Seven Principles for Courageous Conversations

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It’s an honor to hold the space for leaders to speak their truth in times of disagreement or conflict.  What seems to embolden and inspire courageous conversations is a shared higher purpose and vision for the work of the team.    Successful teams know that  without the courageous conversation their work will stall and stutter and lack authenticity.  They know they must traverse the choppy waters before they can get to the smooth sailing.
In the past couple of months I have facilitated courageous conversations with leadership teams.  And this is what I have learned as guidelines for having conversations that successfully move the team to solutions:

  1. Build trust by reaffirming common purpose.  What brings you to the conversation?  What do you care about in this conversation?
  2. Name the conversation, before you begin.  Agree on the topic of the conversation.  What is it we are speaking about?  Avoid euphemisms, jargon, or code words.  Give the conversation a direct name.  Begin with the phrase, “This is a conversation about….”
  3. Agree on norms or rules for the conversation. How will you be with one another in the conversation?  This usually involves statements about confidentiality.  It’s about owning one’s experience and using ”I statements” rather than being tempted to blame and point the finger.  This involves talking about civility and respect and how you as a group can protect these essential qualities.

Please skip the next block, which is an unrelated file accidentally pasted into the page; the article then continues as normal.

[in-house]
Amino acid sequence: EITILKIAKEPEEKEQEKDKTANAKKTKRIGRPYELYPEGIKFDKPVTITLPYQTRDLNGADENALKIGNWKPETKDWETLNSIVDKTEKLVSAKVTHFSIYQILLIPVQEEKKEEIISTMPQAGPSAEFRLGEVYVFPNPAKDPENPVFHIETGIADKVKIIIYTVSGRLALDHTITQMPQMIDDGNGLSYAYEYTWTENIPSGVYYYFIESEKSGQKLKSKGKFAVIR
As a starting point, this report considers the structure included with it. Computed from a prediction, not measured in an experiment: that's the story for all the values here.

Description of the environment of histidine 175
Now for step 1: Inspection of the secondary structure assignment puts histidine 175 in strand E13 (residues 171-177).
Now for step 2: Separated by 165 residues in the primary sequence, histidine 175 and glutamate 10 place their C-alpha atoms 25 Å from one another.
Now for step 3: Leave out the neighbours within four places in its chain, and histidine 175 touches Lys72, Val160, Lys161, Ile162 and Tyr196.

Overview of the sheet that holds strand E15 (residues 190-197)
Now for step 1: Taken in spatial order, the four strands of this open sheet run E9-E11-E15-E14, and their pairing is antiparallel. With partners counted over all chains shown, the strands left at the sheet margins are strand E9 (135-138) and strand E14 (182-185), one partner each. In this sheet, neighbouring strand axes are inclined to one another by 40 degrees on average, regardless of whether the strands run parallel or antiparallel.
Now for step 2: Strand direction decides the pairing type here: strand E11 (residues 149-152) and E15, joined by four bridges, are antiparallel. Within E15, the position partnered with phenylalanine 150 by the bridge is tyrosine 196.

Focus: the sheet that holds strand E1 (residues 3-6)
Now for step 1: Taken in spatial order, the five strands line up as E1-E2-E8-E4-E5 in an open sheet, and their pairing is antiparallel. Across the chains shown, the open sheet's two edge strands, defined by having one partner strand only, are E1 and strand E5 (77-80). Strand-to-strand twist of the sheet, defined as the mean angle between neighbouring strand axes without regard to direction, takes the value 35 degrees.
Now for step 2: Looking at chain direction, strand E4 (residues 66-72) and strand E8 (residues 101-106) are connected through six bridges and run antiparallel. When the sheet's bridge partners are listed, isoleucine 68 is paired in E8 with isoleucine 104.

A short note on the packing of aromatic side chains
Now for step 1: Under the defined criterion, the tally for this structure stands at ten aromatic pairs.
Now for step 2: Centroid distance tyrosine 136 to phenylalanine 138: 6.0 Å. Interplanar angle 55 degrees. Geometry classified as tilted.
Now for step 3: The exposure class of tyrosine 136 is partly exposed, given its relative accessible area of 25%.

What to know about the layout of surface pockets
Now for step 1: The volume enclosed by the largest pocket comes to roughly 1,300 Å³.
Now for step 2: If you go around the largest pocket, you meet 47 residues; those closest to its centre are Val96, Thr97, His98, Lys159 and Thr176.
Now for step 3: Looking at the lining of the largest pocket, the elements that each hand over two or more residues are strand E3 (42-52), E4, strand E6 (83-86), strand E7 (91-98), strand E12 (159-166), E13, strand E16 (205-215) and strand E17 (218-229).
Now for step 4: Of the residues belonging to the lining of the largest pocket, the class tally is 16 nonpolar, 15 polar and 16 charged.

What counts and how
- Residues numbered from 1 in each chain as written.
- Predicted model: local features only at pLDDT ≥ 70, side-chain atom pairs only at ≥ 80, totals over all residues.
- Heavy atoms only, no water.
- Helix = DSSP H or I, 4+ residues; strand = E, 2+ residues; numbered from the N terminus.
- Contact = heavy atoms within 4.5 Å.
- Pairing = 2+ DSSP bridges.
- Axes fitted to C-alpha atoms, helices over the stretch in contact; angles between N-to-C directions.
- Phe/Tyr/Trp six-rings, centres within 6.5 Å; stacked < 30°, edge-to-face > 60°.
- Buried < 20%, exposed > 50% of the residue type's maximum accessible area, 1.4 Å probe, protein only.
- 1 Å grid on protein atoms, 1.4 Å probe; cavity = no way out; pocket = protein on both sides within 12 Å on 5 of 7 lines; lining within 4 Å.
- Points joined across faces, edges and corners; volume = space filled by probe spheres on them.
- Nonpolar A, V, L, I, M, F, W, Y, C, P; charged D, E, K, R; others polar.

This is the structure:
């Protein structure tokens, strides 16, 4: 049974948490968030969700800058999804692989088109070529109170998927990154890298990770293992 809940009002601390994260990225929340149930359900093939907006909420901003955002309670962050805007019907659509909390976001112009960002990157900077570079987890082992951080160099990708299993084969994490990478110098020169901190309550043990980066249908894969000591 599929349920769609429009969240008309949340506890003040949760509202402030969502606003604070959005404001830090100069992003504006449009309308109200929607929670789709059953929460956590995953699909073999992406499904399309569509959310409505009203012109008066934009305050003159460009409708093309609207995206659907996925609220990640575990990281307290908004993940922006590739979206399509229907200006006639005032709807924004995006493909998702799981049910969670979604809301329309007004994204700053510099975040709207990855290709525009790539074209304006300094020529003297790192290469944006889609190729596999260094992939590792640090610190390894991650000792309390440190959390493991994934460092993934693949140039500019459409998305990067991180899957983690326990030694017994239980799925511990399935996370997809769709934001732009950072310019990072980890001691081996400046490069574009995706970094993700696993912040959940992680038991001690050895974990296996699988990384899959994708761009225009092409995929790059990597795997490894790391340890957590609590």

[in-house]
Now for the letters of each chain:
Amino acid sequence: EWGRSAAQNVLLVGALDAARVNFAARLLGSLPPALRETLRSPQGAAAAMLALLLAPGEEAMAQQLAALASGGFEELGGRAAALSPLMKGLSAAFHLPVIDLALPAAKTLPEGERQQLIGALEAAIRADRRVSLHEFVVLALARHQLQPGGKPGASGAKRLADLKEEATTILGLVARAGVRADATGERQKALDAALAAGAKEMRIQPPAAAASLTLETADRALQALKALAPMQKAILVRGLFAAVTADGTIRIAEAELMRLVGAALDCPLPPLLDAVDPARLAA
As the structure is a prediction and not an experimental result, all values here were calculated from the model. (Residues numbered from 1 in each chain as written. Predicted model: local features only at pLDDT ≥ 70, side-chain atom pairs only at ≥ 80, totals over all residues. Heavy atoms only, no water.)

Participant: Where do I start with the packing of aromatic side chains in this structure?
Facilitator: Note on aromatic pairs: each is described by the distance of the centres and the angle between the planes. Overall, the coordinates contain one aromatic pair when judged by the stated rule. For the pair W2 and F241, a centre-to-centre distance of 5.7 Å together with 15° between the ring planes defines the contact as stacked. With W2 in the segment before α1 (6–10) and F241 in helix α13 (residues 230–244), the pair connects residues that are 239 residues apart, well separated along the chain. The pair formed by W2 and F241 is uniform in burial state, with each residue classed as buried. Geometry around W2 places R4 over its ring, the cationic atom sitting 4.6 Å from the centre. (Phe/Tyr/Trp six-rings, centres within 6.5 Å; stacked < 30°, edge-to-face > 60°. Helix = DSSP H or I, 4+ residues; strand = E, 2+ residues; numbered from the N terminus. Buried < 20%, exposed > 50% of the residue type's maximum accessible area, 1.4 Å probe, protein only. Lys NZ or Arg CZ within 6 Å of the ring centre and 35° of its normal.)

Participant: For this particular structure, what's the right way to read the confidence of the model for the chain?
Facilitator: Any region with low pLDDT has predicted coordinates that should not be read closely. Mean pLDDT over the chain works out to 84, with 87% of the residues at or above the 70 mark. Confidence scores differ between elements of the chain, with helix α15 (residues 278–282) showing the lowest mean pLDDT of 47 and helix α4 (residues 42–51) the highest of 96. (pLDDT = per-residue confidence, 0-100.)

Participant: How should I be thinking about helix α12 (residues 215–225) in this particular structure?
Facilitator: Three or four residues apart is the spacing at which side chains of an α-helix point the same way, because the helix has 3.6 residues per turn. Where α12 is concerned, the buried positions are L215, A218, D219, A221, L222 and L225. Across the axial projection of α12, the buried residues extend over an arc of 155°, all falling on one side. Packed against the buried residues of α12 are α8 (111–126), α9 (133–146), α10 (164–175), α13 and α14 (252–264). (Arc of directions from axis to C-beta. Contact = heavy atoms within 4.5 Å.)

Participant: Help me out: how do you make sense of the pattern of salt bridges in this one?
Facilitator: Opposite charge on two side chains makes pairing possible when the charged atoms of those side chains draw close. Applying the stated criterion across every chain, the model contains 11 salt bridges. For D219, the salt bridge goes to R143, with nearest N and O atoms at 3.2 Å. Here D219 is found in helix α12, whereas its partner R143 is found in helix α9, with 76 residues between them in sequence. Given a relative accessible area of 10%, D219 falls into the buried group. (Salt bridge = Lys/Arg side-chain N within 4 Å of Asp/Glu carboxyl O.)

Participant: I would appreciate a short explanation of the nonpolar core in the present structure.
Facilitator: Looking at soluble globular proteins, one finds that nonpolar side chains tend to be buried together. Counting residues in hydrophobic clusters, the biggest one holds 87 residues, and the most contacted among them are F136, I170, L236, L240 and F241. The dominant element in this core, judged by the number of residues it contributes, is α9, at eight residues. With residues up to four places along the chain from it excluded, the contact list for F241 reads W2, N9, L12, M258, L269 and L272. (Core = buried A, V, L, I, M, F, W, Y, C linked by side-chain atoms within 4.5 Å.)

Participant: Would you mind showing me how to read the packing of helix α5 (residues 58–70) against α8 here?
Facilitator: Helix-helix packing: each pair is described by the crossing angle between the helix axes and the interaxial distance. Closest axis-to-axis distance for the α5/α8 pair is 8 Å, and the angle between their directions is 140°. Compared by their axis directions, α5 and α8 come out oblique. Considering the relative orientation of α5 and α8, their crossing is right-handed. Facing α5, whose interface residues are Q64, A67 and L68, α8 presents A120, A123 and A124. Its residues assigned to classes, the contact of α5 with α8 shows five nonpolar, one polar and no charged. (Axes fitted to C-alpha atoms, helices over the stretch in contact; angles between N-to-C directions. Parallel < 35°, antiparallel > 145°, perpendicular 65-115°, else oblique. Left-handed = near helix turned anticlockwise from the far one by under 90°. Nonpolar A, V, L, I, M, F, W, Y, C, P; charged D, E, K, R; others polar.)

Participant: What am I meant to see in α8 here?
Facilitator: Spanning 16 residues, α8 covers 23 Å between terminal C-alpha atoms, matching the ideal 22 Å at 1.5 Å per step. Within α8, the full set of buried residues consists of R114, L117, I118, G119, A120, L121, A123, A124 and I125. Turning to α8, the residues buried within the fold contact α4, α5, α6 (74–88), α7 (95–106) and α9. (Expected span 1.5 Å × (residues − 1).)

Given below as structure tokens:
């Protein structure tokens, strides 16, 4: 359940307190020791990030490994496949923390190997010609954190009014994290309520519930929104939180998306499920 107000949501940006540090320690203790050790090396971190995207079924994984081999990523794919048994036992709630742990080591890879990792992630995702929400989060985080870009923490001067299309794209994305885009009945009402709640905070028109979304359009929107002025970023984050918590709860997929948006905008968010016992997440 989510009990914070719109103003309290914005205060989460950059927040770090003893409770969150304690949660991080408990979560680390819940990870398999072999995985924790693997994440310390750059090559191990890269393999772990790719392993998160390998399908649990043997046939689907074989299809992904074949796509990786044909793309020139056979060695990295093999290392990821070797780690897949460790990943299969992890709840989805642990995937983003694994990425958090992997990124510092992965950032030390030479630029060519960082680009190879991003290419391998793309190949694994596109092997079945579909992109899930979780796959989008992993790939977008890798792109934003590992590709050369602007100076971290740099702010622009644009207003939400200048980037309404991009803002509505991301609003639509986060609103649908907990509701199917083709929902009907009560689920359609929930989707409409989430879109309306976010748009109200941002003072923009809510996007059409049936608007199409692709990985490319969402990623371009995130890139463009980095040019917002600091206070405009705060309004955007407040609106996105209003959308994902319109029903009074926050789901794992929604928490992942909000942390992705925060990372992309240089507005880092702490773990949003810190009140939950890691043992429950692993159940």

4. Write out your agreements for how you will be with one another so that everyone can see them and contribute to them.
  5. Allow everyone equal time to speak.  Sometimes not everyone will feel comfortable speaking.  Make sure even if people choose not to speak, they still have time for their voices to be heard.
  6. Leave silence in between statements.  There is such a temptation to fill the silence.  Yet this silence can serve as buffer and time to reflect so that people can reconnect to what they care about and stay present in the conversation.
  7. Check in periodically and invite people to take three deep breaths before continuing.  Again, it’s useful to pause and help people reassure the part of them that feels threatened so that they can access higher order thinking and problem solving.

 

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